humor, language, photography

Waldo Lemonsucker & Rule of Thirds — Part 1 of 2

Where there are rules, there are people like Waldo, more intent on abiding by the rules than accomplishing the mission, even when the rules are oversimplified guidelines w/o the force of law.  It’s hard to formulate a rule of thumb in a way that is simple to learn and remember but adequate for the real world.  One example is the Rule of Thirds in photography.  Let’s try for a less exception-riddled formulation.

Part 1 of 2: Subjects & Stories

Here is one wording of the most oversimplified version of the Rule of Thirds that I have seen:

Put the subject near one of the 4 sweet spots defined by the intersections of evenly spaced grid lines, 2 horizontal and 2 vertical.

The phrase [the subject] raises red flags.  Whatever subjects may be, Waldo just assumes there is exactly one of them (no more and no less).  He just assumes that “the” subject is (and should be) a part of the image that is small enough to be much closer to one of the sweet spots than the others.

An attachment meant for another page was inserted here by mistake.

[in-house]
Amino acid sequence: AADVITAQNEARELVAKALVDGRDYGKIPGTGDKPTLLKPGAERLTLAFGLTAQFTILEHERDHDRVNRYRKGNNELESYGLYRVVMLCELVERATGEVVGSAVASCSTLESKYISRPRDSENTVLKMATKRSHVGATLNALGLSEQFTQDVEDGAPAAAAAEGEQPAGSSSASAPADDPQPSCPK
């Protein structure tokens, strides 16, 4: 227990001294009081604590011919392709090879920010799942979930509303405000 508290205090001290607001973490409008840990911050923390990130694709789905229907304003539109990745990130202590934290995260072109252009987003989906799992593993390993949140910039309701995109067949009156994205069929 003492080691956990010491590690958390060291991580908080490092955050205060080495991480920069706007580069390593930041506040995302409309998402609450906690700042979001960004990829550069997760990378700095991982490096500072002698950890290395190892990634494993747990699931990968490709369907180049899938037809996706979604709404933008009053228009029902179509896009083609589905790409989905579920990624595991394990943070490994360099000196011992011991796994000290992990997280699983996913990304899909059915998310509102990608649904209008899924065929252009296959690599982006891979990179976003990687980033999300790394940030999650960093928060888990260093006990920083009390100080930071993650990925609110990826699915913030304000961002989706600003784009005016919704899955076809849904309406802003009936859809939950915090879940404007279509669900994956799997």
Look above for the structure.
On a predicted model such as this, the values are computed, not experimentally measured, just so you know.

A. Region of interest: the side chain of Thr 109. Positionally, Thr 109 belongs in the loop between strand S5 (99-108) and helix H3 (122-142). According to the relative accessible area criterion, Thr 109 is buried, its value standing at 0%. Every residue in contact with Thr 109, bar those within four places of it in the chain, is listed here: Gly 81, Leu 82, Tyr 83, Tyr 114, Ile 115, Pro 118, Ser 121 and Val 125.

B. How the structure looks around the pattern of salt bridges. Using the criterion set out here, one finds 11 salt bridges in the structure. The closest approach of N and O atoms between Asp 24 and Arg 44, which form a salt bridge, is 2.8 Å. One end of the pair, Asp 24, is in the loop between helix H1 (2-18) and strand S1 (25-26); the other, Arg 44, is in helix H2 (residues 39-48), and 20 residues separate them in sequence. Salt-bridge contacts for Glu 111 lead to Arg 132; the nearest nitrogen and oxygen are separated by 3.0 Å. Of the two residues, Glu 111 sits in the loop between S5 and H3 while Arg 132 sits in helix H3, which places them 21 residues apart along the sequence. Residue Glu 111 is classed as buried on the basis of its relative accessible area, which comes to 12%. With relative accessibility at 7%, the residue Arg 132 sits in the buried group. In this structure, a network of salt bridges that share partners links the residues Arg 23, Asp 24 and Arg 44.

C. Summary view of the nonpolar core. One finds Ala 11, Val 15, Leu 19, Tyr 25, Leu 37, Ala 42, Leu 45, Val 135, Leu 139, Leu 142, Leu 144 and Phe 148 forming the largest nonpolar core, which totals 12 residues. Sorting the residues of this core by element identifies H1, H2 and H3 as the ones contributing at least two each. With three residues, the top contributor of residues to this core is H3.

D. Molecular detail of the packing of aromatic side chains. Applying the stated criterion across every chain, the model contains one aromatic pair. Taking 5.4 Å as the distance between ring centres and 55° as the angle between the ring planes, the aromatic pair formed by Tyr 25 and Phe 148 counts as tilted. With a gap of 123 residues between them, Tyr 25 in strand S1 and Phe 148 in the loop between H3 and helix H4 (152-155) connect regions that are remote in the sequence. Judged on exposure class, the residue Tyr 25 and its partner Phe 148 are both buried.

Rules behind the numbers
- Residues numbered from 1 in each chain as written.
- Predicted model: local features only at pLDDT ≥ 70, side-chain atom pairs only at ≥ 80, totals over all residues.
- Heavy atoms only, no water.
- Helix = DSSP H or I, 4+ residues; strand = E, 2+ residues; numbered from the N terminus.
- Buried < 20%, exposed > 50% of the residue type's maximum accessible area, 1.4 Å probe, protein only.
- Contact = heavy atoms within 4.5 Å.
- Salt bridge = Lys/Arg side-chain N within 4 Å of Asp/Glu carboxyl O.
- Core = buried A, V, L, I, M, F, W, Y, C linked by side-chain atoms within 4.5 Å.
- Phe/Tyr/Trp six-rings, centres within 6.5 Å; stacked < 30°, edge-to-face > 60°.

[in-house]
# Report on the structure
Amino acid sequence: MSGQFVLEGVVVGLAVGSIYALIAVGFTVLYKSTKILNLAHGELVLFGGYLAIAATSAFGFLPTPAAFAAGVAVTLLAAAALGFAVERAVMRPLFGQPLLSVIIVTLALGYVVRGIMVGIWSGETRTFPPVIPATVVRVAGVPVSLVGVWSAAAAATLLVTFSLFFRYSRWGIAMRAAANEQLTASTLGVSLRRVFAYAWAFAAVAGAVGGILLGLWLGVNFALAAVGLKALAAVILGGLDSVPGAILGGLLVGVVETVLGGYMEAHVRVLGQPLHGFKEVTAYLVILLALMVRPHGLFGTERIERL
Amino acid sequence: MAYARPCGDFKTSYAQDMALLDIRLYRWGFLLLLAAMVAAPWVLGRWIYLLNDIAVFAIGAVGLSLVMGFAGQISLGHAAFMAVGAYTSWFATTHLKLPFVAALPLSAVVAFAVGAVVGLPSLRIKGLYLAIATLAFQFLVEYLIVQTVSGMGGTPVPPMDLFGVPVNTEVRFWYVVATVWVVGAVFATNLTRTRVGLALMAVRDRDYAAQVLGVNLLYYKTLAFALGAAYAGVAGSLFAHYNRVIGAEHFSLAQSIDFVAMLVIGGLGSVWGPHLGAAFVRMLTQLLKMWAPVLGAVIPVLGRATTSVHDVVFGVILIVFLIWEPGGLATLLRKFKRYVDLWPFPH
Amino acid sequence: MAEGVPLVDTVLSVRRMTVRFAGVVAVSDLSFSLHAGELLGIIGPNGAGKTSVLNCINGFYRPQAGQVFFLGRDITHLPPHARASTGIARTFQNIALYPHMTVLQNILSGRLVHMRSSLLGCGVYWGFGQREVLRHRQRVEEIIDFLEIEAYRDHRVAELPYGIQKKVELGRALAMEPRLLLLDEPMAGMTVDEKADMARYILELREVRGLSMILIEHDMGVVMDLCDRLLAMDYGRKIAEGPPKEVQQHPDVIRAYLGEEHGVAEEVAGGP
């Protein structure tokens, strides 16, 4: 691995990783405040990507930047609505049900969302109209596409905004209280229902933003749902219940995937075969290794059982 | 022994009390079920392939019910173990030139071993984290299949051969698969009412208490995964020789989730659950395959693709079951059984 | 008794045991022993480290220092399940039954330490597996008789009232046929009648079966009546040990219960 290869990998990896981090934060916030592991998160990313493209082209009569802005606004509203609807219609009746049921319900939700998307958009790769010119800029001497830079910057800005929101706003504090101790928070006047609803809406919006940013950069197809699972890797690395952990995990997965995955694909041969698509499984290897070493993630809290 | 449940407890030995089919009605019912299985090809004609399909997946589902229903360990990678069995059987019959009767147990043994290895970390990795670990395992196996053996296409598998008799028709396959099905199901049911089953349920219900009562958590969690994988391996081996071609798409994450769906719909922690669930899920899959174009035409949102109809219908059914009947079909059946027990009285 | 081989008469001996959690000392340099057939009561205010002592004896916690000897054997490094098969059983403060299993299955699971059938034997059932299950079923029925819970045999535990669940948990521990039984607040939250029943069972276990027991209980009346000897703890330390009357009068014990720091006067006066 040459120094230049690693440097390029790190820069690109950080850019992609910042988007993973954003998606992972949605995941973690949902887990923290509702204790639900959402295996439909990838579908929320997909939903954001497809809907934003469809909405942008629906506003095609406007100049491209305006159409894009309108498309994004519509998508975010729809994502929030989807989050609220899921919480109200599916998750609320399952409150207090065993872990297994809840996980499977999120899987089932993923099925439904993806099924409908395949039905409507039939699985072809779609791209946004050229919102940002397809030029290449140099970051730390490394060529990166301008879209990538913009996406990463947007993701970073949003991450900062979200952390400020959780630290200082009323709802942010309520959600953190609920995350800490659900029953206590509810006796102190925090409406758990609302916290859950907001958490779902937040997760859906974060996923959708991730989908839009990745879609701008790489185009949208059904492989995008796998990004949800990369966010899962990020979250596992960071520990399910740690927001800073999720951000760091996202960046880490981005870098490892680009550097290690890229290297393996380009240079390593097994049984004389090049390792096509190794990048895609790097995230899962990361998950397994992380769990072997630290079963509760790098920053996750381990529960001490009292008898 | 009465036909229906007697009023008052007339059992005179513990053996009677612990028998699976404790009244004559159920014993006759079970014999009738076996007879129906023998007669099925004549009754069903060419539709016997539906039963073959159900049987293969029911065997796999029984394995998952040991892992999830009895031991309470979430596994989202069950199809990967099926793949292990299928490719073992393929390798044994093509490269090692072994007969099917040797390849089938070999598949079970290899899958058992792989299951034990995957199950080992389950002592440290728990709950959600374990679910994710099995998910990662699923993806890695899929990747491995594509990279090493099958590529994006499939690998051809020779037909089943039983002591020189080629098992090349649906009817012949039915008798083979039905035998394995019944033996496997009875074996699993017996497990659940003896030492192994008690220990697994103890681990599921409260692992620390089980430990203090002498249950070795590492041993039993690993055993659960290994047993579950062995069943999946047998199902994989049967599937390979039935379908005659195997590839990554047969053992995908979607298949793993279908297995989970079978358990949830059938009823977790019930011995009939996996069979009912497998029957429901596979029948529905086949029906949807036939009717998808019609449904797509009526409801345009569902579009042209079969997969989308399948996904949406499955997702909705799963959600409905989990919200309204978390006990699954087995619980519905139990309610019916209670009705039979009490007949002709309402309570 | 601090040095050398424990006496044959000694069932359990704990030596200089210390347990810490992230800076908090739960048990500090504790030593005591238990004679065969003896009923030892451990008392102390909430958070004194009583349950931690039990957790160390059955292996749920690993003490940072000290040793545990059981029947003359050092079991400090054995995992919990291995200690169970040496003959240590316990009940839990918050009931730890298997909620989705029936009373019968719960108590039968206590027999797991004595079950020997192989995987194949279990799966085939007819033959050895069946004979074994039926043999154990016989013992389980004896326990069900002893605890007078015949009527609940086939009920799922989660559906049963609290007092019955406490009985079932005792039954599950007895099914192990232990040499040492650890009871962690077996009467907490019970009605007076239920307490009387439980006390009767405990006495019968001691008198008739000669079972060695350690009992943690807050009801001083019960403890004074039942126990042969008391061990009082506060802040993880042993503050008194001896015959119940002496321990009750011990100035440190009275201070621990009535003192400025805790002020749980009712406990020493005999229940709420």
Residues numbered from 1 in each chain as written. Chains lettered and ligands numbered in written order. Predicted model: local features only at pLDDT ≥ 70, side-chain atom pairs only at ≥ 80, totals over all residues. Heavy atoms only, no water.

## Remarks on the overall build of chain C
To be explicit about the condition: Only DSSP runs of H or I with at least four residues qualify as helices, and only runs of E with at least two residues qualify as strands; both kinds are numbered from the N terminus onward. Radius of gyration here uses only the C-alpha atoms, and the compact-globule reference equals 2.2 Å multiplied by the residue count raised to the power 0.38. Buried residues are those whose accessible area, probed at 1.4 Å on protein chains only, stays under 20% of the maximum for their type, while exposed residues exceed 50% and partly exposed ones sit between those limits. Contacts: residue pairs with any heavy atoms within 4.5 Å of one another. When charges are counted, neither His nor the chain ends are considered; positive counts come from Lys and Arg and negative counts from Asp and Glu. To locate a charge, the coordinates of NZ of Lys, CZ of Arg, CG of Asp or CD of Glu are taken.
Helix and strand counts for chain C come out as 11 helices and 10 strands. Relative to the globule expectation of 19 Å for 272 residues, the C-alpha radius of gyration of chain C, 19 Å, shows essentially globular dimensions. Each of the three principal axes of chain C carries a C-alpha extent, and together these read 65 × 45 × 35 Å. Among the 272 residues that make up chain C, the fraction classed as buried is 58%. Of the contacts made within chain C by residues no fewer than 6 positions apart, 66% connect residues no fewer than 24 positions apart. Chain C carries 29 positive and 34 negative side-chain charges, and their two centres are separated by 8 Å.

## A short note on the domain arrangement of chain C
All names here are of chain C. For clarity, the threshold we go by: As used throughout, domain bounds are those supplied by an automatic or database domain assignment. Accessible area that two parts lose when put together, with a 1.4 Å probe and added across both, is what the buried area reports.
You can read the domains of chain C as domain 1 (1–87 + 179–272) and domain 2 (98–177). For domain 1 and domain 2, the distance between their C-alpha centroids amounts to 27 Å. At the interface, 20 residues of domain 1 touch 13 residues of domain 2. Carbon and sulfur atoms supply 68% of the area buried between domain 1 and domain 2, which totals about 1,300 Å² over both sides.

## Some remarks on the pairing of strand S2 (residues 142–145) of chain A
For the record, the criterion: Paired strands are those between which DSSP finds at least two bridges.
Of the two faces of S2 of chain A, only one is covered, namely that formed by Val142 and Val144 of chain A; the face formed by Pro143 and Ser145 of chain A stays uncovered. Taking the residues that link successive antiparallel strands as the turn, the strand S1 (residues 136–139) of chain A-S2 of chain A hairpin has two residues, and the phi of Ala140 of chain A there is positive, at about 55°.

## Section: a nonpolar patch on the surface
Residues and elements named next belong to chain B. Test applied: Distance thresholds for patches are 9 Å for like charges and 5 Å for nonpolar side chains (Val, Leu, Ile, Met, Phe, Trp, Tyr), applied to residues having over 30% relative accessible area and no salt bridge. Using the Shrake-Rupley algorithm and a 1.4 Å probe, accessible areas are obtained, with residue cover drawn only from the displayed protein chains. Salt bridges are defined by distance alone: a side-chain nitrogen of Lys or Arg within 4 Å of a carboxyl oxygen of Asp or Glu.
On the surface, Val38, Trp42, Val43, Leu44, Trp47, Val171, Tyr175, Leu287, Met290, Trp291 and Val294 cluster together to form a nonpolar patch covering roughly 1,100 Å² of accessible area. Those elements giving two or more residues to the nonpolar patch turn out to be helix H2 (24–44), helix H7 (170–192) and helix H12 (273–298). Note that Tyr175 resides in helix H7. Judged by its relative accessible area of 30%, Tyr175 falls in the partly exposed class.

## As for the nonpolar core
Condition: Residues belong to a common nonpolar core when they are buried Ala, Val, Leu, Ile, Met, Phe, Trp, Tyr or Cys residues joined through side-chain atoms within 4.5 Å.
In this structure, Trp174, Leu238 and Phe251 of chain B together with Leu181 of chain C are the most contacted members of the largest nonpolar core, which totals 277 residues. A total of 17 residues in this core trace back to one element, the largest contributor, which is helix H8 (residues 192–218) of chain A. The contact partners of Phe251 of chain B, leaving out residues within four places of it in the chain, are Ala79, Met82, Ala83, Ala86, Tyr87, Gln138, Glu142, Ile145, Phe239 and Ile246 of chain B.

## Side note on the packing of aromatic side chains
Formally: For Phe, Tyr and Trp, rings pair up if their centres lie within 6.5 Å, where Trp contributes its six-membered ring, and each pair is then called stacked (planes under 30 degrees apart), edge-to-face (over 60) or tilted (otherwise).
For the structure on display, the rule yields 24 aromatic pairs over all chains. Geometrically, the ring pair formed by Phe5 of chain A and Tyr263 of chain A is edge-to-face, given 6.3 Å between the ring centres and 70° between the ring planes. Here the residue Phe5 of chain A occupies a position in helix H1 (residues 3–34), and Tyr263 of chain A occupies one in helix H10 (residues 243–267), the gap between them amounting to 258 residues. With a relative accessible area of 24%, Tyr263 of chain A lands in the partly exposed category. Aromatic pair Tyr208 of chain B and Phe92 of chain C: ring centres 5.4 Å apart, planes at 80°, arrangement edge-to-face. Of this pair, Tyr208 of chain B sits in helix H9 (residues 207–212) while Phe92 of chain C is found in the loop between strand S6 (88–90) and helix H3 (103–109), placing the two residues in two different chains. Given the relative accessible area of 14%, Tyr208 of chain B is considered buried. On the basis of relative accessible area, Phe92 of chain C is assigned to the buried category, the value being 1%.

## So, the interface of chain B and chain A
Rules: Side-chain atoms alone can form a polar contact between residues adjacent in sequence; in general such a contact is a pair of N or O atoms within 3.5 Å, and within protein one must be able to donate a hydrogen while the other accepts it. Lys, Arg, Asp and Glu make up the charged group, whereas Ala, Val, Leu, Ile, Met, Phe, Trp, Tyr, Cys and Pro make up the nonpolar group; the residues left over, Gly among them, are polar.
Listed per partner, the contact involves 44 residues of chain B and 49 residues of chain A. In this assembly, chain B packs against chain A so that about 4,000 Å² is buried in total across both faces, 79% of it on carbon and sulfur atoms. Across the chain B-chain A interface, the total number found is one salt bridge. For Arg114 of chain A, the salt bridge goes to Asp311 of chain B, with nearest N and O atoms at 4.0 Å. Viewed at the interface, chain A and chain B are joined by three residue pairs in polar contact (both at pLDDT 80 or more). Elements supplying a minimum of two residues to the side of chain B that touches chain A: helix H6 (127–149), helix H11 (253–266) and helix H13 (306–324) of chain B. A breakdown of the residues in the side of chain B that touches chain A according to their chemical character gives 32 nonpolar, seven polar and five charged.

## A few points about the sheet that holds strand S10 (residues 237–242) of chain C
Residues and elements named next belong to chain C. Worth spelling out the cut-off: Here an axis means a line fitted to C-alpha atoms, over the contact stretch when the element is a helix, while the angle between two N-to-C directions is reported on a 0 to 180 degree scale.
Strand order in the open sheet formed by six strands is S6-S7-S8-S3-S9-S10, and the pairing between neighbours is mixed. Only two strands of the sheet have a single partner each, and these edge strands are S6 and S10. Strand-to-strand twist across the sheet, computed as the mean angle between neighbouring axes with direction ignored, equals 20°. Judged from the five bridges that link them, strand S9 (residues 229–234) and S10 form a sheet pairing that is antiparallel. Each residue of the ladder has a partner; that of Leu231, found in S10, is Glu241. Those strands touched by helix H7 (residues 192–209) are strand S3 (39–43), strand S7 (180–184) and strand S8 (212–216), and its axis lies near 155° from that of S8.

The top hits in a Google search do better than Waldo.  They say “a subject” (rather than “the subject”) or use clunky phrases like [important compositional elements] and recognize that there may be several.  There is still a gap between theory and practice.  The following example is not as sharp as it should be, but it’s adequate for my purpose and has the advantage that I know what story the photographer wanted to tell and how the photo was taken and edited.


Yes, one could say that the image has 2 subjects (a vase and some seed pods of a silver dollar plant), with the pods near a sweet spot and the vase straddling a grid line.  Such straddling is a recognized backup option for subjects that are tall like the vase or wide like the horizon line.  Did I apply the Rule of Thirds?  Nope.

I cropped the image to center the whole bouquet (vase and pods) in the frame.  For such an irregular shape, the yellow lines added below illustrate what I mean by the word [center] here.  They are all roughly the same length.  They are longer than necessary for the bouquet because I wanted to show more of the magenta cloth.  It’s a story about balance, not sweet spots.


Want a hint at how Part 2 will try to say where the Rule of Thirds applies?  Look again at Waldo’s tacit assumptions.

– Gray button (upper left corner) reveals widgets, –
– above post (on phone) or beside it (on desktop). –

2 thoughts on “Waldo Lemonsucker & Rule of Thirds — Part 1 of 2

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